So also today, though the Gospel can be heard in so many different places during the month of December paraphrased in the religious Christmas carols that are sung, yet the true meaning and importance of the words are lost on most of the hearers. In order for the Christmas message to be recognized and truly appreciated as “good tidings of great joy,” it is crucial to understand the great blessings that Christ brings to all mankind. Thus the hearers of that Gospel first need to understand their corrupt spiritual state, their complete unworthiness and helplessness before the Lord, and the dreadful consequences of their sins. And that is the important spiritual instruction that comes from God’s holy Law, “for by the Law is the knowledge of sin” (Romans 3:20; see also 7:7).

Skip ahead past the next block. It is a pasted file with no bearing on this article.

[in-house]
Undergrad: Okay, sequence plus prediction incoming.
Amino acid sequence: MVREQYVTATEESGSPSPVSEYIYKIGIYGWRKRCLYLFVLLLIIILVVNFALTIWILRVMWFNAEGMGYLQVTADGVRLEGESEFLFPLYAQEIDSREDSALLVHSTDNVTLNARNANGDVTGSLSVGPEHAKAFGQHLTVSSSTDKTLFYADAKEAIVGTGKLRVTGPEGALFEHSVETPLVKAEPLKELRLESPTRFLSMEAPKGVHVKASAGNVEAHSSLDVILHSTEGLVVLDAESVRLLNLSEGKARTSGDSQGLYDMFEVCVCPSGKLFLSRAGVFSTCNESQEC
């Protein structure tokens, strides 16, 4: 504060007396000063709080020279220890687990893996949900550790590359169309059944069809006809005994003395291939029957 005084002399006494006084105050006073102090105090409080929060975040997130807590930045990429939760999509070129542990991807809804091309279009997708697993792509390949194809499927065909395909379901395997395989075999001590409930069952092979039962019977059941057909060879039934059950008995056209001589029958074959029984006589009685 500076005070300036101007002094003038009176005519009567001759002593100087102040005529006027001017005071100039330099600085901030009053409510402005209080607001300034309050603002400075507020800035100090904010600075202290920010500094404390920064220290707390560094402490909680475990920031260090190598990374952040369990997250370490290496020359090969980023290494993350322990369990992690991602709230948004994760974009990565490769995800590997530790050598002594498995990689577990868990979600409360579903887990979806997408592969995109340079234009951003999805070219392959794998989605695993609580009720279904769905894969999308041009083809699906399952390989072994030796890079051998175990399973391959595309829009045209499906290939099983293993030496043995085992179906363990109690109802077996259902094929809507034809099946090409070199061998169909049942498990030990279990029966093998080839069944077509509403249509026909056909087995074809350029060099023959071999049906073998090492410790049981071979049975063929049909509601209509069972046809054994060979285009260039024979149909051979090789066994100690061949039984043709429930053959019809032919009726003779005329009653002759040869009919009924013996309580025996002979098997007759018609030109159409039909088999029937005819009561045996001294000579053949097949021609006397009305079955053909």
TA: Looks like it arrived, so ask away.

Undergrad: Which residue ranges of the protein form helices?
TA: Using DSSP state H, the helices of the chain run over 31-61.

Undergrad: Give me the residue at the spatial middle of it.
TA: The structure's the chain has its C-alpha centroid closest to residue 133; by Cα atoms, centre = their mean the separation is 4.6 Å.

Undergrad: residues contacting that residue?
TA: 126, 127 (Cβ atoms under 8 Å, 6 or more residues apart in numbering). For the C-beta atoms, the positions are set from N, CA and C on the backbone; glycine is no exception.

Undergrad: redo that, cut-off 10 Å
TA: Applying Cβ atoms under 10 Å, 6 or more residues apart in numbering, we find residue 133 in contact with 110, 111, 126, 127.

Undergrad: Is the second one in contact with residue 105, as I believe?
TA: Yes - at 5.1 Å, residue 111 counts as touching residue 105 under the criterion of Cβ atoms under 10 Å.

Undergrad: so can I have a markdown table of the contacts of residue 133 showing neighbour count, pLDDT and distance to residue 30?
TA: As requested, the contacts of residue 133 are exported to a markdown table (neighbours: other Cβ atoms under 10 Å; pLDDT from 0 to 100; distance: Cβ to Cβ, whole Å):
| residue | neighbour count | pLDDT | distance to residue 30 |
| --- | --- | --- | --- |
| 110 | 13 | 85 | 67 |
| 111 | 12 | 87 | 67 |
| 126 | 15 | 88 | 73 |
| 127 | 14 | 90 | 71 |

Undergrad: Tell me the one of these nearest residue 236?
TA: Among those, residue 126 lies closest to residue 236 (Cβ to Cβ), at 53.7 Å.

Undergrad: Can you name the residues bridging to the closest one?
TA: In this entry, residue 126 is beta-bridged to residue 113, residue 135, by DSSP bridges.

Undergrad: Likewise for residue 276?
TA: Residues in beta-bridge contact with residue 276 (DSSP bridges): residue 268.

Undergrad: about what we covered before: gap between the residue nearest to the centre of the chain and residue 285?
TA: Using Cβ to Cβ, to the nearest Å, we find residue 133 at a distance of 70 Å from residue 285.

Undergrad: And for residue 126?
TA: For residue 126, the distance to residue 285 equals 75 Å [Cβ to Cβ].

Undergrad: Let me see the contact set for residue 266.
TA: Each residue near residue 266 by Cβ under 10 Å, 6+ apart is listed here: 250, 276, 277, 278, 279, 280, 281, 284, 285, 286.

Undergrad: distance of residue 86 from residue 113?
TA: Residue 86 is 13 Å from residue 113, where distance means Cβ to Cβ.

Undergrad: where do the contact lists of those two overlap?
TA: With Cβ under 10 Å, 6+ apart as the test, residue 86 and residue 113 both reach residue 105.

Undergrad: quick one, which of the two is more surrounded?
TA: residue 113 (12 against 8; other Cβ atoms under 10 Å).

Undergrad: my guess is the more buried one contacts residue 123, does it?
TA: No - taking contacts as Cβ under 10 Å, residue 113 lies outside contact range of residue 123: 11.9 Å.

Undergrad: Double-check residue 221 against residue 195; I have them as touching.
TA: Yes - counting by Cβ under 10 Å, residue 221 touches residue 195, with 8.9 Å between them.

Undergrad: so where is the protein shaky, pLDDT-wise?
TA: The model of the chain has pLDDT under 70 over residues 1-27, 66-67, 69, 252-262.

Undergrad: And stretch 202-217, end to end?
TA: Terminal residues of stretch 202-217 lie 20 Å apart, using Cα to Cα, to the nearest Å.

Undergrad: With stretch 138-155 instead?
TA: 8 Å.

Not a single person on earth can escape the Law’s verdict that he is guilty of breaking God’s Commandments and worthy of eternal condemnation! “What things soever the Law saith, it saith to them who are under the Law, that every mouth may be stopped, and all the world may become guilty before God” (Romans 3:19). “As many as are of the works of the Law are under the curse; for it is written, ‘Cursed is every one that continueth not in all things which are written in the Book of the Law to do them’” (Galatians 3:10). That curse of the Law is eternal hell-fire (Mark 9:43–48), “outer darkness” with “weeping and gnashing of teeth” for all eternity (Matthew 25:30, 46). Now if a person realizes from God’s Law that this is the judgment he has merited on account of his innumerable sins in thoughts, desires, words, and deeds, he should also know from the same Law that no one is free from the corruption of sin (Ecclesiastes 7:20), that all people have, therefore, merited the “wages” (Romans 6:23) of eternal death in hell, and that it is impossible for man to save himself “by the deeds of the Law” (Romans 3:20; cf. Galatians 3:11a). “Whosoever shall keep the whole Law, and yet offend in one point, he is guilty of all” (James 2:10). Thus the holy Law of God shows sinful man no hope of salvation at all in the keeping of its precepts but only the perpetual debt he owes to God for his failure and inability to keep them! Thus the debtor, faced with wrath and punishment, may, as did the man in Jesus’ parable (Matthew 18:25-26), desperately seek “patience,” “compassion,” and “pity” from the Lord as his only hope of deliverance. But the Law does not show him such attributes in God, which only exist “in Christ” and are revealed only in the Gospel. The Law only brings man to the “dead end” of being unable to justify himself. In this way “the Law was our schoolmaster to bring us unto [up to] Christ” (Galatians 3:24), preparing our hearts to seek and to receive rescue on the part of someone other than ourselves, namely, from Christ revealed in the Gospel.